Iraqis storm parliament in response to corruption and political instability

Published May 1st, 2016 - 08:07 GMT
Thousands of Iraqi protesters invaded the main session hall of the parliament in Baghdad on April 30, 2016. (AFP/Haidar Mohammed Ali)
Thousands of Iraqi protesters invaded the main session hall of the parliament in Baghdad on April 30, 2016. (AFP/Haidar Mohammed Ali)

Hundreds of Iraqi protesters stormed parliament Saturday demanding sweeping reforms to tackle corruption, in a dramatic escalation of the country's crippling political crisis.

The protesters, loyal to influential Shia Muslim cleric Moqtada al-Sadr, rushed into parliament after tearing down the walls of the heavily fortified Green Zone, which houses several foreign embassies along with government ministries, witnesses said.

The crowd moved into the assembly shortly after it adjourned a scheduled meeting to vote on Prime Minister Haider al-Abadi's new cabinet nominees.

"Security forces did not block our way," a protester said, noting that "all parliamentarians escaped from the place on seeing us."

Parliamentary Speaker Salim al-Jabouri condemned the storming, calling it an "aggression of the state prestige."

Television images showed demonstrators waving the national flag inside parliament hall as a group of young protesters beat a fleeing lawmaker.

"We understand the need for reforms, but we must follow peaceful practices," al-Jabouri, a Sunni, said in a statement.

He warned that the Islamic State extremist militia, which is holding key areas in Iraq, could take advantage of the crisis to expand its presence in the country.

Al-Abadi said that security forces were in control of the situation in the Green Zone.

"I call on demonstrators to stick to peacefulness and refrain from attacking public and private properties," he said in a statement.

Security was stepped up across Baghdad after the breach.

"All access roads to Baghdad have been closed. Departures are only allowed, in order to prevent infiltrators from entering the capital," said Brigadier Saad Maan, a spokesman for Baghdad Operations Command.

He denied reports that a curfew has been imposed in Baghdad or the road to the capital's airport blocked.

Maan warned that security agencies would use force against any act of vandalism.

"Security troops have got orders to protect diplomats inside and outside the Green Zone," he said.

The Interior Ministry denied media reports that gunfire and teargas were used to disperse protesters inside the Green Zone.

Later Saturday, some protesters pitched tents outside the parliament in a sign of a sit-in there, Iraqi media reported.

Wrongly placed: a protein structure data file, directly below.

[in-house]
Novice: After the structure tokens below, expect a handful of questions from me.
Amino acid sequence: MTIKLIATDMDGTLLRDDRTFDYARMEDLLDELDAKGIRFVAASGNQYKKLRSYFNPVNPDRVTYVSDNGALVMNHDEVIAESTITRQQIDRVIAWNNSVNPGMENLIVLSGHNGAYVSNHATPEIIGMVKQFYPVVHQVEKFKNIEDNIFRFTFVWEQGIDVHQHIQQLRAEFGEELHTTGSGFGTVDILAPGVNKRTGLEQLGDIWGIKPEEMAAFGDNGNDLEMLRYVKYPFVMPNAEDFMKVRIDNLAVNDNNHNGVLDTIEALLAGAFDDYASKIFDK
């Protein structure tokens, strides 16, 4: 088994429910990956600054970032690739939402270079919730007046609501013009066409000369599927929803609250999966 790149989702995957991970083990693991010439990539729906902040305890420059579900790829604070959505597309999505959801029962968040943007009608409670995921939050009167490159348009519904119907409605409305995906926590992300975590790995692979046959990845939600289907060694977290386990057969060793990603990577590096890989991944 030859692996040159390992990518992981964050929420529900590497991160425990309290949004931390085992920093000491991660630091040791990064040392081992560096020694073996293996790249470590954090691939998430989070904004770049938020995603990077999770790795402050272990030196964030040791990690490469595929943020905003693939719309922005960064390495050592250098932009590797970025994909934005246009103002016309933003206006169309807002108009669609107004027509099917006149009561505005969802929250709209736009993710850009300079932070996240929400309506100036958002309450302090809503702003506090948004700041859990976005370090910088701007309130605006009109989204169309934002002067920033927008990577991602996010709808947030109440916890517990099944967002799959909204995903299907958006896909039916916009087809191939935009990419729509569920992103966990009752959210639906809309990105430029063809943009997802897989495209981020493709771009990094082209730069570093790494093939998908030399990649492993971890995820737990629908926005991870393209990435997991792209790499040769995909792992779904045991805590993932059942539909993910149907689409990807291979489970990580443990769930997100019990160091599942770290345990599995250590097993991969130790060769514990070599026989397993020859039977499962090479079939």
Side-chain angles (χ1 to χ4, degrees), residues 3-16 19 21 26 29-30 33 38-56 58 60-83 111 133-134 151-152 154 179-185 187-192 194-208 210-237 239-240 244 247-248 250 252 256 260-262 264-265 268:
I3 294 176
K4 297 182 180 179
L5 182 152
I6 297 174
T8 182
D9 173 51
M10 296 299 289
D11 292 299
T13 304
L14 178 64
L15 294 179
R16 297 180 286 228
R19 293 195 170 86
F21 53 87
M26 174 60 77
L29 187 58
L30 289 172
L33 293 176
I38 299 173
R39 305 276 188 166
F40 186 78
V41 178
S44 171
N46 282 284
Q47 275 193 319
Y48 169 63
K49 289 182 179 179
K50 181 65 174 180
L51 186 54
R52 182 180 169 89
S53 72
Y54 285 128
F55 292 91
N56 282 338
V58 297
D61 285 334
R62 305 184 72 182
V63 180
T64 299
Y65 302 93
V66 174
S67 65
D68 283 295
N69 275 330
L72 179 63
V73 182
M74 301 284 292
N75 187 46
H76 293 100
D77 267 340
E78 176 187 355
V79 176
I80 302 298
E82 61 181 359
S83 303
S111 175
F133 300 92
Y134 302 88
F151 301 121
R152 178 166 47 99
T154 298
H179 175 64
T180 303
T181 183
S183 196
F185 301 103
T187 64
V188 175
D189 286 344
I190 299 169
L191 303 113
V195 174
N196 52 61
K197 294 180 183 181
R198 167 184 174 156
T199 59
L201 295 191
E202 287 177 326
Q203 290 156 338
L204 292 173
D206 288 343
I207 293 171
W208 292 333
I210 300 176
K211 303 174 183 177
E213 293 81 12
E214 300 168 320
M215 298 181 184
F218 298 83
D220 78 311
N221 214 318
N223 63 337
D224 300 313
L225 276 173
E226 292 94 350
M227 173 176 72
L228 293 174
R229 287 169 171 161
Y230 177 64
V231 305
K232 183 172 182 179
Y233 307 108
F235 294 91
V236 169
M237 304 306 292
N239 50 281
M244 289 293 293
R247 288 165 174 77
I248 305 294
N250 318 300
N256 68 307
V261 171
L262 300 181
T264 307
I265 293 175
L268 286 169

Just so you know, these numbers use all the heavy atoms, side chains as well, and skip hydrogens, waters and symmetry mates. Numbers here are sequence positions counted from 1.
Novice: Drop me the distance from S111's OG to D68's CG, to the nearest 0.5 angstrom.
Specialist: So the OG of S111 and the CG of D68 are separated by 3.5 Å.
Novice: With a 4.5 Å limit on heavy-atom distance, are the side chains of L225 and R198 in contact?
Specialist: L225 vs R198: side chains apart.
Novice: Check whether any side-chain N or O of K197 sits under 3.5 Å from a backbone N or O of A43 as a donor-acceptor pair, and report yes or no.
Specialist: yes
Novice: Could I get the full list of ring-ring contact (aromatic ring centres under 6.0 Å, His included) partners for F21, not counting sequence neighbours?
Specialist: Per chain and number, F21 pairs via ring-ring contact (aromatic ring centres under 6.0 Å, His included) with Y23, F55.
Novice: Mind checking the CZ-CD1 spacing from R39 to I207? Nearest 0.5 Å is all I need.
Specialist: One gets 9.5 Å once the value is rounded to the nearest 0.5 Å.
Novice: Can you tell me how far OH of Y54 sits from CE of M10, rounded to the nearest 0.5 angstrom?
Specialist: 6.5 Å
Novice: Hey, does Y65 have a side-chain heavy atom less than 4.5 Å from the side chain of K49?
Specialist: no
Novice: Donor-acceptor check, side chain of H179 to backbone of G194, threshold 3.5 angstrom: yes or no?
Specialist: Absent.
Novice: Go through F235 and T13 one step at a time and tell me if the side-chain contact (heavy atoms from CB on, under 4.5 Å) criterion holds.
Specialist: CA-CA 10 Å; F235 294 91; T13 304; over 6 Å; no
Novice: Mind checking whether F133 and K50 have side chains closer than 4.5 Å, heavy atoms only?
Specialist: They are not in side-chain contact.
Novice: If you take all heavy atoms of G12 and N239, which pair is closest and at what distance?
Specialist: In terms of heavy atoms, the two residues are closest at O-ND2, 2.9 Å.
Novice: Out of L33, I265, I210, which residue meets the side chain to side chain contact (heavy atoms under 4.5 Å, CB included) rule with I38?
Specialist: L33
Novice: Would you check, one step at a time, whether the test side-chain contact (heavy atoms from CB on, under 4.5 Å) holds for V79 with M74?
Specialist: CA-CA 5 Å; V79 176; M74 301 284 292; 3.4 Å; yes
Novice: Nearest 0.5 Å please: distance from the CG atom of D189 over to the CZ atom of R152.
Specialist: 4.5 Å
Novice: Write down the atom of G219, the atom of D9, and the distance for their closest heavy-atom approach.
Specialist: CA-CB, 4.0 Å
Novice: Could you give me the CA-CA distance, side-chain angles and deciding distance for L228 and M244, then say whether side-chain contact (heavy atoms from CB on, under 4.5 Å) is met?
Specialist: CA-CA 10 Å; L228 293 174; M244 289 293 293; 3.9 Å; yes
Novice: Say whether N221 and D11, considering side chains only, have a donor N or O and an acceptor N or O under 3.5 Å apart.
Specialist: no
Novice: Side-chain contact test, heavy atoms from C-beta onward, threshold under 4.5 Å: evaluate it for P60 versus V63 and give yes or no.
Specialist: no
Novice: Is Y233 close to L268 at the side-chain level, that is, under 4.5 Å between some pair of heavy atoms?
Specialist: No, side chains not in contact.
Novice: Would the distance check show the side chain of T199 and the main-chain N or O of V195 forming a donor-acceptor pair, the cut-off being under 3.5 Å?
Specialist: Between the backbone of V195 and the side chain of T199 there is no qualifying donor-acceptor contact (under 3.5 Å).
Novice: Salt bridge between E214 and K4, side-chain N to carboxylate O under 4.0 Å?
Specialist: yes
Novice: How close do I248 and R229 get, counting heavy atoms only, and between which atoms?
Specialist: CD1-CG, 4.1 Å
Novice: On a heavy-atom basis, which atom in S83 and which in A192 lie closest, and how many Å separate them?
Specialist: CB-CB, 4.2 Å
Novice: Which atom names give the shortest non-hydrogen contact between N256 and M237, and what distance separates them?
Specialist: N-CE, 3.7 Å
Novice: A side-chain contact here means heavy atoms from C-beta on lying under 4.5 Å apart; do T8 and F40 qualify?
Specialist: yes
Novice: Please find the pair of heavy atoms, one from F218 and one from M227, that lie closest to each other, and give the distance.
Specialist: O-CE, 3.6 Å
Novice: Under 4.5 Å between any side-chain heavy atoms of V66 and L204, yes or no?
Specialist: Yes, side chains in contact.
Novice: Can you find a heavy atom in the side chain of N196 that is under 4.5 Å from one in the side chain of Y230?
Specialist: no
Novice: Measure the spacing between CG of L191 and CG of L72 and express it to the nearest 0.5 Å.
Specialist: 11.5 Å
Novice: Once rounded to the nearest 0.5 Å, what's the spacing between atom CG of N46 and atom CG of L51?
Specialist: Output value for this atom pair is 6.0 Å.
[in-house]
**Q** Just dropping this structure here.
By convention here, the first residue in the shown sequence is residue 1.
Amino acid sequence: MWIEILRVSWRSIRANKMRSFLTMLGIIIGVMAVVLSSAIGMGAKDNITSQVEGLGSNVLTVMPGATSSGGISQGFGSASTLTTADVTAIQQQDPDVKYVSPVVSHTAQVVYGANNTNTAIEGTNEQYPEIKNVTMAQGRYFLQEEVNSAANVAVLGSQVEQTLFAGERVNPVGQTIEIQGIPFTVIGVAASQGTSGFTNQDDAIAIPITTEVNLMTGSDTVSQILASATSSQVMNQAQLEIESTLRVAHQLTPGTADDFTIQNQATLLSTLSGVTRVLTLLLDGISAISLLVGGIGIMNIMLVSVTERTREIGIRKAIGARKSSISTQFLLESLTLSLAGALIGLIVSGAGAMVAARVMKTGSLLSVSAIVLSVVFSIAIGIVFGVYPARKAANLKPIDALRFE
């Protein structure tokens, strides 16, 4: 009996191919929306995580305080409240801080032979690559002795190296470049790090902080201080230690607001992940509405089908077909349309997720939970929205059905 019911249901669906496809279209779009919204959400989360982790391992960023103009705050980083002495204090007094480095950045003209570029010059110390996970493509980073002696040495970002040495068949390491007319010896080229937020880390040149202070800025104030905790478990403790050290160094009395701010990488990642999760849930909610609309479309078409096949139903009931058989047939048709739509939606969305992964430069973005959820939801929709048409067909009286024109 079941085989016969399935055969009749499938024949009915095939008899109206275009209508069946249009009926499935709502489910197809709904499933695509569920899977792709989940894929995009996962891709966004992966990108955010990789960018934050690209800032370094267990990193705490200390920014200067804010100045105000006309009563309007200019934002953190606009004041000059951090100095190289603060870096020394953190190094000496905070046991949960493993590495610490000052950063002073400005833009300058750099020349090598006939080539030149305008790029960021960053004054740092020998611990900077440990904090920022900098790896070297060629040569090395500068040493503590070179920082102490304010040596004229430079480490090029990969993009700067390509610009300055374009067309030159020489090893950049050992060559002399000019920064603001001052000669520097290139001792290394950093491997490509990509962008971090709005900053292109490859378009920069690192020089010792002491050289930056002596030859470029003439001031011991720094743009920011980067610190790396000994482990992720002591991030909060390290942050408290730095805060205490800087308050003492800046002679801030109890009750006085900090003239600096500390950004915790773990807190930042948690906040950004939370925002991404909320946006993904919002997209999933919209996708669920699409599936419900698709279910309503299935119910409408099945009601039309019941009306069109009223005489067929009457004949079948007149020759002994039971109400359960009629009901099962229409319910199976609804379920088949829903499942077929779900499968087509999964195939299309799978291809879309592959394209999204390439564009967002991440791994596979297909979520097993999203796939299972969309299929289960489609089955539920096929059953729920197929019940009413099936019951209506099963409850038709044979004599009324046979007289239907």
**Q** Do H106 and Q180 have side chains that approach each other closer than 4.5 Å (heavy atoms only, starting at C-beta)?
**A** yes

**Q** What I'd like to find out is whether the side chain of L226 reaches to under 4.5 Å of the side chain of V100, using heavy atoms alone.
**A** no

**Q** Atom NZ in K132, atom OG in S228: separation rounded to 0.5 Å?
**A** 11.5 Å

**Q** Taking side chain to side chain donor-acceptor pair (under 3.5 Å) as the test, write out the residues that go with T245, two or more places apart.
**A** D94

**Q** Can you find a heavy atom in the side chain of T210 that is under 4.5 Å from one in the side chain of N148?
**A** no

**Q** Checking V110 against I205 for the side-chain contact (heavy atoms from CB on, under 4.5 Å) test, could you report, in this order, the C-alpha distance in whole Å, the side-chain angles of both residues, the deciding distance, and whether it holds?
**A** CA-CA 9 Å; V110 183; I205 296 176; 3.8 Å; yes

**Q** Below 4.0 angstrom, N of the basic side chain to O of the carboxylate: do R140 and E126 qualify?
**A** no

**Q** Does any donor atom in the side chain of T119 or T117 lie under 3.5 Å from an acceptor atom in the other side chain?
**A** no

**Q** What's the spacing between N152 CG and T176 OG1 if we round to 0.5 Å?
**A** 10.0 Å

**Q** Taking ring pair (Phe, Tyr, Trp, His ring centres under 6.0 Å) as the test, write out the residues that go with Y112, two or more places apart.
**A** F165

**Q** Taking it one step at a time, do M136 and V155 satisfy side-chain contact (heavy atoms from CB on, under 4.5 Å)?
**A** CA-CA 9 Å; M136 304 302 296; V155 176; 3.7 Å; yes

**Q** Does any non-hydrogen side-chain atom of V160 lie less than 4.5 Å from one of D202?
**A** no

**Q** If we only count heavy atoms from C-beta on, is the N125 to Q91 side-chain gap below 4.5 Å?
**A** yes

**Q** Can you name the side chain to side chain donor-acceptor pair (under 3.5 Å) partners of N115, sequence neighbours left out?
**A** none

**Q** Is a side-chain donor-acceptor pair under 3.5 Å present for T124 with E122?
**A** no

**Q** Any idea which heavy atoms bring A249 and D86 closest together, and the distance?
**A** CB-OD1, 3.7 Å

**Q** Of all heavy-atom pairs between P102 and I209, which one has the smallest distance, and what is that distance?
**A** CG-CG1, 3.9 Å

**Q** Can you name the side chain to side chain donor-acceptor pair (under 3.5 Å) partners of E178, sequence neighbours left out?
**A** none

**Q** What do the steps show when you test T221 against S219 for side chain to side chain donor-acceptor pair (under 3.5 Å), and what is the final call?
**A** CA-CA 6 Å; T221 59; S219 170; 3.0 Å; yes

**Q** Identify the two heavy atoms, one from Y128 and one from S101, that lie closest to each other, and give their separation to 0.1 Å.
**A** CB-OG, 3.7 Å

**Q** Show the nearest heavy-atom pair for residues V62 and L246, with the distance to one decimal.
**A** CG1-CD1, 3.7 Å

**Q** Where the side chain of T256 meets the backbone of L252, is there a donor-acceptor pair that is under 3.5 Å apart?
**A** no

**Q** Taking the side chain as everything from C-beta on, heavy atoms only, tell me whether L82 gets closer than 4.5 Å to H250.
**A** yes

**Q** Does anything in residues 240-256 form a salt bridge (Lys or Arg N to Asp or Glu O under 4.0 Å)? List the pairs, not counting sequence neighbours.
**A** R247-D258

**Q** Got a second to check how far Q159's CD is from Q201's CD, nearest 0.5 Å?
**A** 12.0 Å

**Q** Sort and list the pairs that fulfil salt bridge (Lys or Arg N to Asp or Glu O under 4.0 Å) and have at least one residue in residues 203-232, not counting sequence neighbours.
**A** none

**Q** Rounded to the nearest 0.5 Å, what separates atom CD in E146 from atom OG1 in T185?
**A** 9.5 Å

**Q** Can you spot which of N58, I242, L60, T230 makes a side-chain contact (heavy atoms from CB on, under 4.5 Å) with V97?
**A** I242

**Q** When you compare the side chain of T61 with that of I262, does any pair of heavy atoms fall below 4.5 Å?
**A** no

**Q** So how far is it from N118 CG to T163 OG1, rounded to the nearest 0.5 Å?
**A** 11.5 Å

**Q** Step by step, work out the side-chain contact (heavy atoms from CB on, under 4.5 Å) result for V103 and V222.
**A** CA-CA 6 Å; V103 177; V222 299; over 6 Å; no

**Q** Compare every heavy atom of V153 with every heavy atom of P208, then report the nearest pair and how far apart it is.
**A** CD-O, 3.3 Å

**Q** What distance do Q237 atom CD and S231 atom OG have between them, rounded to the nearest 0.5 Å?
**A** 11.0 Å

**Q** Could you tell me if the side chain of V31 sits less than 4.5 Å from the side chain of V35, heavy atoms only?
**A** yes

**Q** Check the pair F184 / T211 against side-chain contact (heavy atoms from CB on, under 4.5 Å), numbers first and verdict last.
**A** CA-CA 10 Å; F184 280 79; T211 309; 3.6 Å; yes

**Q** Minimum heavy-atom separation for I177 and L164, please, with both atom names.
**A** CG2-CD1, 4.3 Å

In recent weeks, al-Sadr's followers have held a series of protests outside the Green Zone pushing for reforms, including the creation of a government of independents.

In a televised address earlier Saturday, al-Sadr criticized delay in implementing reforms, which he said were necessary to fight corruption and establish good governance.

The 42-year-old cleric accused unnamed politicians of blocking efforts to rein in corruption and end the Iraq's political patronage system.

"[The politicians] have rejected the will of people and their roaring demand for reform," al-Sadr said, stopping short of calling on his backers to breach the Green Zone.

He said that he would temporarily quit politics and go into retreat for two months to protest the foot-dragging on reforms.

Under pressure from street protests and clergy, al-Abadi is trying to form a new government of independent technocrats. But major political blocs in parliament have thwarted the move in recent weeks.

On Tuesday, the assembly approved some nominees to the proposed government.

Iraqi governments have been formed along political and sectarian lines since the US-led 2003 invasion that deposed Saddam Hussein. Critics say the system contributes to corruption.

Al-Abadi has warned that the current crisis could hamper Iraq's US-backed fight against Daesh forces.

At least 24 people were killed and 33 injured Saturday in a car bombing claimed by Daesh in a suburban Baghdad area.

The blast took place near a marketplace in the neighbourhood of Nahrawn in south-eastern Baghdad, where Shia pilgrims were on their way to visit a holy shrine.

The Daesh group, a radical Sunni movement, regards Shias as heretics.

The al-Qaeda splinter movement has a record of launching deadly attacks against Shia communities in Iraq and elsewhere.

By Kadhem al-Attabi and Ziad Haris

© 2022 dpa GmbH

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